The Five Worst States for LBGT Families

June 23rd 2017

Ethan Simon

Even in the face of recent, positive, developments like marriage equality, and adoption rights for same-sex couples, being LGBT in America is still fraught with challenges. From an increased likelihood of being a victim of a hate crime to larger suicide rates on the whole, there is still much progress to be made.

In addition to these obstacles, legally enshrined discrimination still exists around the country. And while anti-gay laws in repressive states affect all LGBT folks, there are laws that affect LGBT families more than individuals. 

The five worst states for LGBT famillies:

North Carolina:



The home of the infamous bathroom law is also one of 28 states that doesn't protect LGBT Americans from workplace discrimination. That means that you can be legally fired for being gay. And if that wasn't enough, North Carolina shares the distinction of being one of three states—along with Arkansas and Tennessee—that actually outlawed local anti-discrimination laws. That means if the city of Durham wants to take it upon themselves to protect their LGBT neighbors from workplace discrimination, they can't. Given that a steady job is absolutely integral to starting a family, North Carolina (as well as Arkansas and Tennessee) have all earned spots on this list.


Arkansas State Capitol

As mentioned, Arkansas has a similar law to North Carolina's—and they're actually enforcing it, recently striking down a local anti-discrimination law passed in Fayetteville. Arkansas also has no protections on housing which means that applicants for public housing can be denied based on their sexual orientation, though HUD guidelines do note that the state cannot explicitly ask.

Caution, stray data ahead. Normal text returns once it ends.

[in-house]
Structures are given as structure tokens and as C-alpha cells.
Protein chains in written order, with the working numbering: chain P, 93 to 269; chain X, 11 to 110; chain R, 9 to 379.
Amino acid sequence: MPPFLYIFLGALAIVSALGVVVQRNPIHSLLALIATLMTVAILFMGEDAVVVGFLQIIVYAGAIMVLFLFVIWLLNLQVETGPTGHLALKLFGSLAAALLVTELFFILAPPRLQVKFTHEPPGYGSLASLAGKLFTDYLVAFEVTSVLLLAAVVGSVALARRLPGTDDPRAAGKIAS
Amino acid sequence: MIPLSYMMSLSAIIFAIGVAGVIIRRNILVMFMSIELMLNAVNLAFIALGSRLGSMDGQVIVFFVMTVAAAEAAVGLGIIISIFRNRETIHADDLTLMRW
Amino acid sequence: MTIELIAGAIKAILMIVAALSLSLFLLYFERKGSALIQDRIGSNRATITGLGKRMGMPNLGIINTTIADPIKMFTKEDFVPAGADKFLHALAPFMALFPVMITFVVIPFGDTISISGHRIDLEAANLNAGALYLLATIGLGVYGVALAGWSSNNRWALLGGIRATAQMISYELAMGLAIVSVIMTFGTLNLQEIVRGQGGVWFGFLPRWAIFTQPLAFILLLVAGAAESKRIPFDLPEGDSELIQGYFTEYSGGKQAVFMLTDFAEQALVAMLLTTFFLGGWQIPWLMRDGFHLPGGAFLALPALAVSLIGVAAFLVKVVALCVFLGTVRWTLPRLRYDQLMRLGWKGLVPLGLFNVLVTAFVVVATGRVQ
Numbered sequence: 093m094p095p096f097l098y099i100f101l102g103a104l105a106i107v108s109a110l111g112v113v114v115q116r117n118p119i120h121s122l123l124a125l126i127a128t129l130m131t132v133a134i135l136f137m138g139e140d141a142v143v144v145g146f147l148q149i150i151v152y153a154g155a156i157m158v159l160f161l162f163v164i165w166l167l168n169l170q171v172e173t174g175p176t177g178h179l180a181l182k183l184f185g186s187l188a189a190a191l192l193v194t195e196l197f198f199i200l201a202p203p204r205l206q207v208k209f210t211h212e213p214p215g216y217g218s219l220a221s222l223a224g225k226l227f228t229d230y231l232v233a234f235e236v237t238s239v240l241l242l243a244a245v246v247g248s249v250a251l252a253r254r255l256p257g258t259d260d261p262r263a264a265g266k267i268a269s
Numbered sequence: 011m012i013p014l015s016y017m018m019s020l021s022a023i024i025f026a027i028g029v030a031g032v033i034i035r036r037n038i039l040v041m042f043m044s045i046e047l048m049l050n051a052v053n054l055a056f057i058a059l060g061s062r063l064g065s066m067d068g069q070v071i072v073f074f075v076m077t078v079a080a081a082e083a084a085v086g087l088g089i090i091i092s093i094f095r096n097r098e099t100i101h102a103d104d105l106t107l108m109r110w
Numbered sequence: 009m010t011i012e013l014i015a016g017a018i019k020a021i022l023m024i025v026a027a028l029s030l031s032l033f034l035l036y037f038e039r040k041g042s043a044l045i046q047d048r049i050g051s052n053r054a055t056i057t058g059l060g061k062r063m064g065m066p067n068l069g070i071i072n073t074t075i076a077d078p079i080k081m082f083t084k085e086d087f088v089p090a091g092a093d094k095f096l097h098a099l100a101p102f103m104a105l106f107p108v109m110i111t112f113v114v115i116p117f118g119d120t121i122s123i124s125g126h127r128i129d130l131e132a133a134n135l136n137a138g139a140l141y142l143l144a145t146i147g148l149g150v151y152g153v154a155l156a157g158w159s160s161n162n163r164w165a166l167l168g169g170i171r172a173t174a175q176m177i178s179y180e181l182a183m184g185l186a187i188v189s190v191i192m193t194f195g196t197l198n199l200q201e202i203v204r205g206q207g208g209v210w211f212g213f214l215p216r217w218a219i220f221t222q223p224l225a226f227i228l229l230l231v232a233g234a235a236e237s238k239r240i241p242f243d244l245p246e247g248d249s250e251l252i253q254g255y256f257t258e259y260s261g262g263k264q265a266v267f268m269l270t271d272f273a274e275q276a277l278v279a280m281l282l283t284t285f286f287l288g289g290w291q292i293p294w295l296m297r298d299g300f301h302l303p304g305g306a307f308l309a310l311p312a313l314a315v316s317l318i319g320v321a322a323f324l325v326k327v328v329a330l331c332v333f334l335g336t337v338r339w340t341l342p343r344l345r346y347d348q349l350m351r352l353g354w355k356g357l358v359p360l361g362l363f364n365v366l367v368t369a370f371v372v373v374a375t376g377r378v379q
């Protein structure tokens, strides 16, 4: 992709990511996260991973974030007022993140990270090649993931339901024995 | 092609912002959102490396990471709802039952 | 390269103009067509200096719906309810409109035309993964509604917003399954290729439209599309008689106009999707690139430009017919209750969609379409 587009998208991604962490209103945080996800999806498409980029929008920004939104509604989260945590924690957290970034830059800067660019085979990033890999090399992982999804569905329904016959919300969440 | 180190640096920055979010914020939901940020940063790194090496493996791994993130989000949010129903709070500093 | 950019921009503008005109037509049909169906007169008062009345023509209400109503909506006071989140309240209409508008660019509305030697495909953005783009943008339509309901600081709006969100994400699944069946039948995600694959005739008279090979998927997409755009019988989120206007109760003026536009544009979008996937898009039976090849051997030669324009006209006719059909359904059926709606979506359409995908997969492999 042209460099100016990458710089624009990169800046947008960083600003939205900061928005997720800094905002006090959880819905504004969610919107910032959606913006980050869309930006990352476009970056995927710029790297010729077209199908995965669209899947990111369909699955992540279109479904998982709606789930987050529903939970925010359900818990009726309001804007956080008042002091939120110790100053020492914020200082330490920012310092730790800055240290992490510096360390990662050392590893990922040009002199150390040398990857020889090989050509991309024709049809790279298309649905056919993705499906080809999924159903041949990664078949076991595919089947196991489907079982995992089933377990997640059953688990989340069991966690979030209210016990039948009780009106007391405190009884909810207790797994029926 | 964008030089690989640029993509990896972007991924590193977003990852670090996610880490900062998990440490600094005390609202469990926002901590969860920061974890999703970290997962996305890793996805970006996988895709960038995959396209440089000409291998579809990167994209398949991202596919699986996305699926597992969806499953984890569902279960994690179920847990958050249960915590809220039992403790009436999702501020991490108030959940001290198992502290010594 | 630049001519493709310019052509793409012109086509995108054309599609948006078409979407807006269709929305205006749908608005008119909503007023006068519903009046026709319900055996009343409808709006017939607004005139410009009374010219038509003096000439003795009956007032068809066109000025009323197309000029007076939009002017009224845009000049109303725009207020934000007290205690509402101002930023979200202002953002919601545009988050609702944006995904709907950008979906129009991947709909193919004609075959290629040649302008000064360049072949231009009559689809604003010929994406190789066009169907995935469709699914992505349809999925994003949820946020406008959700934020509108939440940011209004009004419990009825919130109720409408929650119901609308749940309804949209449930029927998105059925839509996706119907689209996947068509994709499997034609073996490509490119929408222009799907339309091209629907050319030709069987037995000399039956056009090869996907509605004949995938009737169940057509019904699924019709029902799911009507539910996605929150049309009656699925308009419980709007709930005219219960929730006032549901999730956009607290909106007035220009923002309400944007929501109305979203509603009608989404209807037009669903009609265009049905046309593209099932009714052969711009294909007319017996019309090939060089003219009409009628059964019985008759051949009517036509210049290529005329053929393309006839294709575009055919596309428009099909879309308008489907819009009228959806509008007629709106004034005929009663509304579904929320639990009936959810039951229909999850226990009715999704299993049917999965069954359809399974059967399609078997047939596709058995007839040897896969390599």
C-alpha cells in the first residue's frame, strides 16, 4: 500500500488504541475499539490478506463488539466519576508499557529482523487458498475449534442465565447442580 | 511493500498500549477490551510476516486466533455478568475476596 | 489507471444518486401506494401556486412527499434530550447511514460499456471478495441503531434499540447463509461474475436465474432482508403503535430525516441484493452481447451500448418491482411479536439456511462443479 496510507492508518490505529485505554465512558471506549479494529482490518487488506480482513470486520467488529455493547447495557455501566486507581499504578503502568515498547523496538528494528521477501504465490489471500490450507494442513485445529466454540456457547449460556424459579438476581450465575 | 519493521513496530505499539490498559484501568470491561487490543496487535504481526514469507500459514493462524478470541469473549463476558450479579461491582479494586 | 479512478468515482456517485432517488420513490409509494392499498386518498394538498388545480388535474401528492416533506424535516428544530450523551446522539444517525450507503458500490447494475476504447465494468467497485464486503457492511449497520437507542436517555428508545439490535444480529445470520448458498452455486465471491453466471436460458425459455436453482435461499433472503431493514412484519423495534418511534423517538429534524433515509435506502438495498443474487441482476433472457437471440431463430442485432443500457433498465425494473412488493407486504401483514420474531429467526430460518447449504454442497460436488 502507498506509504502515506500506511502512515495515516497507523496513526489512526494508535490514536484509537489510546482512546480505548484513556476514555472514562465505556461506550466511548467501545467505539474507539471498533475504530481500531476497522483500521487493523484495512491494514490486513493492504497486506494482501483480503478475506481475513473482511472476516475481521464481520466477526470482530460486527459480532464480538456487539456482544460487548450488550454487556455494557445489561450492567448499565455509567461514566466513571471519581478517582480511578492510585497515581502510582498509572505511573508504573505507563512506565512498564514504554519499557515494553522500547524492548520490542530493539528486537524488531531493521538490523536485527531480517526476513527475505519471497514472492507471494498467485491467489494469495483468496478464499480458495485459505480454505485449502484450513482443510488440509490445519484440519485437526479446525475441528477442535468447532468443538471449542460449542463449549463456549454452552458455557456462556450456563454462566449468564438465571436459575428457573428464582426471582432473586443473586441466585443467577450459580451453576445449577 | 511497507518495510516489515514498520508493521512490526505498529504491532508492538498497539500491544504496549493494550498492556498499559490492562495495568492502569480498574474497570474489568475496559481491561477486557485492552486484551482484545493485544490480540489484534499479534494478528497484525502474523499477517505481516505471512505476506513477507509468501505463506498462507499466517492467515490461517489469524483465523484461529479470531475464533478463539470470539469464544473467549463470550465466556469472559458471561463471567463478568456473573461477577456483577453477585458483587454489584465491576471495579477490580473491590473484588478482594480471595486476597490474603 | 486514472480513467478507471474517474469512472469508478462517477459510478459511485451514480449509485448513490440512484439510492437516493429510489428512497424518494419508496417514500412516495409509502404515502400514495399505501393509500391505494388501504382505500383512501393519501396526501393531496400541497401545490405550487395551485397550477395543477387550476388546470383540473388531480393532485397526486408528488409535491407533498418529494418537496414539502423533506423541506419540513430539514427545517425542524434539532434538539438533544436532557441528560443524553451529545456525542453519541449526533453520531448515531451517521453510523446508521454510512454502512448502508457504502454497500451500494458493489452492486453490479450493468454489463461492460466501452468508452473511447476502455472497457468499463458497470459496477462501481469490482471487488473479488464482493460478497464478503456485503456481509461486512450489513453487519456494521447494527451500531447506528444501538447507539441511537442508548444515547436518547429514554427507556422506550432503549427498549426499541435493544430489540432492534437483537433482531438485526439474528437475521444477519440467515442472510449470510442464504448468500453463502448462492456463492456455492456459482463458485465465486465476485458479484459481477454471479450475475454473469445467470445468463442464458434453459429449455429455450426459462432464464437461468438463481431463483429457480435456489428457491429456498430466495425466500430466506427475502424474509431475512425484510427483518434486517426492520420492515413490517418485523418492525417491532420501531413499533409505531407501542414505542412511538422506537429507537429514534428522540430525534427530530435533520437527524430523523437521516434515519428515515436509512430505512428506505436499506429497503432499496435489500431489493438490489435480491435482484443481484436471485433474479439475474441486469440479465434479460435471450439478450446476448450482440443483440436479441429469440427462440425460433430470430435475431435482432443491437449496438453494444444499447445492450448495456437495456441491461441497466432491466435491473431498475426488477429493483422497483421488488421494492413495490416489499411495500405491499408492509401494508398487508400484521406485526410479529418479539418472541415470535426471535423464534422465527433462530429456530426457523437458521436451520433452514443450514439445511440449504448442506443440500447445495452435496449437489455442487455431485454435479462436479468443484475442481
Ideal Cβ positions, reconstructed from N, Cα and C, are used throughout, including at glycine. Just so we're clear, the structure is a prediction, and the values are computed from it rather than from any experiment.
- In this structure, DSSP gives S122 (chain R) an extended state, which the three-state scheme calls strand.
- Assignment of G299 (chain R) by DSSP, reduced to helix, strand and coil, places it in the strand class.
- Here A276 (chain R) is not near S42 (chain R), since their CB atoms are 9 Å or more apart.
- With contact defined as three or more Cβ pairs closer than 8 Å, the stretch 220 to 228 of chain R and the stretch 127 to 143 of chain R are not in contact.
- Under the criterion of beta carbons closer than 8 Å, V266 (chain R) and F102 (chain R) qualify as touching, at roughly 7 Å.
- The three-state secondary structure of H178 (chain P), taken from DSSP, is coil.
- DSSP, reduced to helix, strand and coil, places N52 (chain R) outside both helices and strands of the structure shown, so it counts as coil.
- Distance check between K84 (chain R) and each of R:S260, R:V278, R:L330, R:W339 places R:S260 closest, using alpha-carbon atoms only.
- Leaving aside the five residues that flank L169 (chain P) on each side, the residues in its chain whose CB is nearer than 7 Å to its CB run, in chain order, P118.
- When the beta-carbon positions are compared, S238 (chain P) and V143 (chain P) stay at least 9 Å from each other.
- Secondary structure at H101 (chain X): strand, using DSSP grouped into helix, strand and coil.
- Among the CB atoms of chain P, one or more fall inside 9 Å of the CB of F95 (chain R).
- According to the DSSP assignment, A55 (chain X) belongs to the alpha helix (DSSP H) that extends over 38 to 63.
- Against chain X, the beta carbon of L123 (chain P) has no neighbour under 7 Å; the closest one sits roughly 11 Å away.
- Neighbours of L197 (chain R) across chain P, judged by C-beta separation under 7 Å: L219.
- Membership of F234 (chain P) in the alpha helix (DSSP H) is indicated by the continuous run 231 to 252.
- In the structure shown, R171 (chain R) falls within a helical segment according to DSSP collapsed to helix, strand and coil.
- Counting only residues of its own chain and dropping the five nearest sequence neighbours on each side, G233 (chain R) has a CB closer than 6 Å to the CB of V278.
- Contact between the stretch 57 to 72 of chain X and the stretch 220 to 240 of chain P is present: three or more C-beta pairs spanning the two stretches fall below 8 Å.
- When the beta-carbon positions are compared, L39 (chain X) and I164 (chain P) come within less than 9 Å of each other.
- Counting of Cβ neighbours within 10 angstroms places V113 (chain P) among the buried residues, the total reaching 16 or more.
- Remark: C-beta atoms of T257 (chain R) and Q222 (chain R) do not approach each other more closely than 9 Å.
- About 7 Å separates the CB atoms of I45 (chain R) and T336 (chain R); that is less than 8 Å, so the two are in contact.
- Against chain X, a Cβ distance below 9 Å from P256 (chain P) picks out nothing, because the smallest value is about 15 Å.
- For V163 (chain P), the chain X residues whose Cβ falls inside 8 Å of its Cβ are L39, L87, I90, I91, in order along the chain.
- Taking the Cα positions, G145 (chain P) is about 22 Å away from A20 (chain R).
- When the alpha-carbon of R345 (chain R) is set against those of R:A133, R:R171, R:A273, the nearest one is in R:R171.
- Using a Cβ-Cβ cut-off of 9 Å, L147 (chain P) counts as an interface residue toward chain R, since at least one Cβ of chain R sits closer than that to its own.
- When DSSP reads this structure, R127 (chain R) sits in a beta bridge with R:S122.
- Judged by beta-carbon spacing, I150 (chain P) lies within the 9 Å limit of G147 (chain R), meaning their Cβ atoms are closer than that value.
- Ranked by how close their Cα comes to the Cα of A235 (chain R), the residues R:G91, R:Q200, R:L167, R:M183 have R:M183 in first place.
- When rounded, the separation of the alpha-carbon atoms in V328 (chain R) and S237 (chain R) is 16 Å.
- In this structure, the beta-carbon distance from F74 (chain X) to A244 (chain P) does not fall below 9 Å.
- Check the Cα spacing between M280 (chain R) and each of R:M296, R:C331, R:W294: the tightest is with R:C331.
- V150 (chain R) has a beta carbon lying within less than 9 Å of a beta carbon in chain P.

Finally, if you want to assure that your family is given the full protection of the law against hate crimes, you might want to avoid Arkansas. Arkansas is one of just four states—along with SC, IN, and WY—that have no law protecting LGBT folks from hate crimes.


Nashville Record Shop

The Volunteer State is also one of the states that outlawed anti-discrimination laws—putting it squarely in the top five for that reason alone. But combine that with a religious exemption law allowing people, churches or sometimes corporations to seek exemptions for existing laws based on their religious beliefs, and you've got a potentially treacherous home for LGBT families. 


Remember when the Supreme Court said that states had to allow same-sex couples to marry nationwide? Kansas decided to put a little asterisk on that. They're one of two states—yup, North Carolina again—that allows for a caveat there. Kansas permits faith-based organizations to deny services to same-sex couples. So while the state did legally have to allow LGBT couples to marry, they're not doing everything they can to protect that right. Their record on other issues isn't great either, earning them a 4 out of 38.5 score from LGBTmap.org. 




The case for Georgia making this list is less straightforward. While they're not a stand-out denier of rights for LGBT families, they have one of the most across-the-board bad records of any state. LGBTmap.org rates Georgia as having a -0.5 out of 38.5 on LGBT policy—yes, that's a negative number. Furthermore, Georgia's Medicaid policy actually explicitly excludes transgender-related care. And it is one of 36 states that has no anti-discrimination protections for credit and lending. So you could be denied a loan to start a business or buy a home, just for being yourself.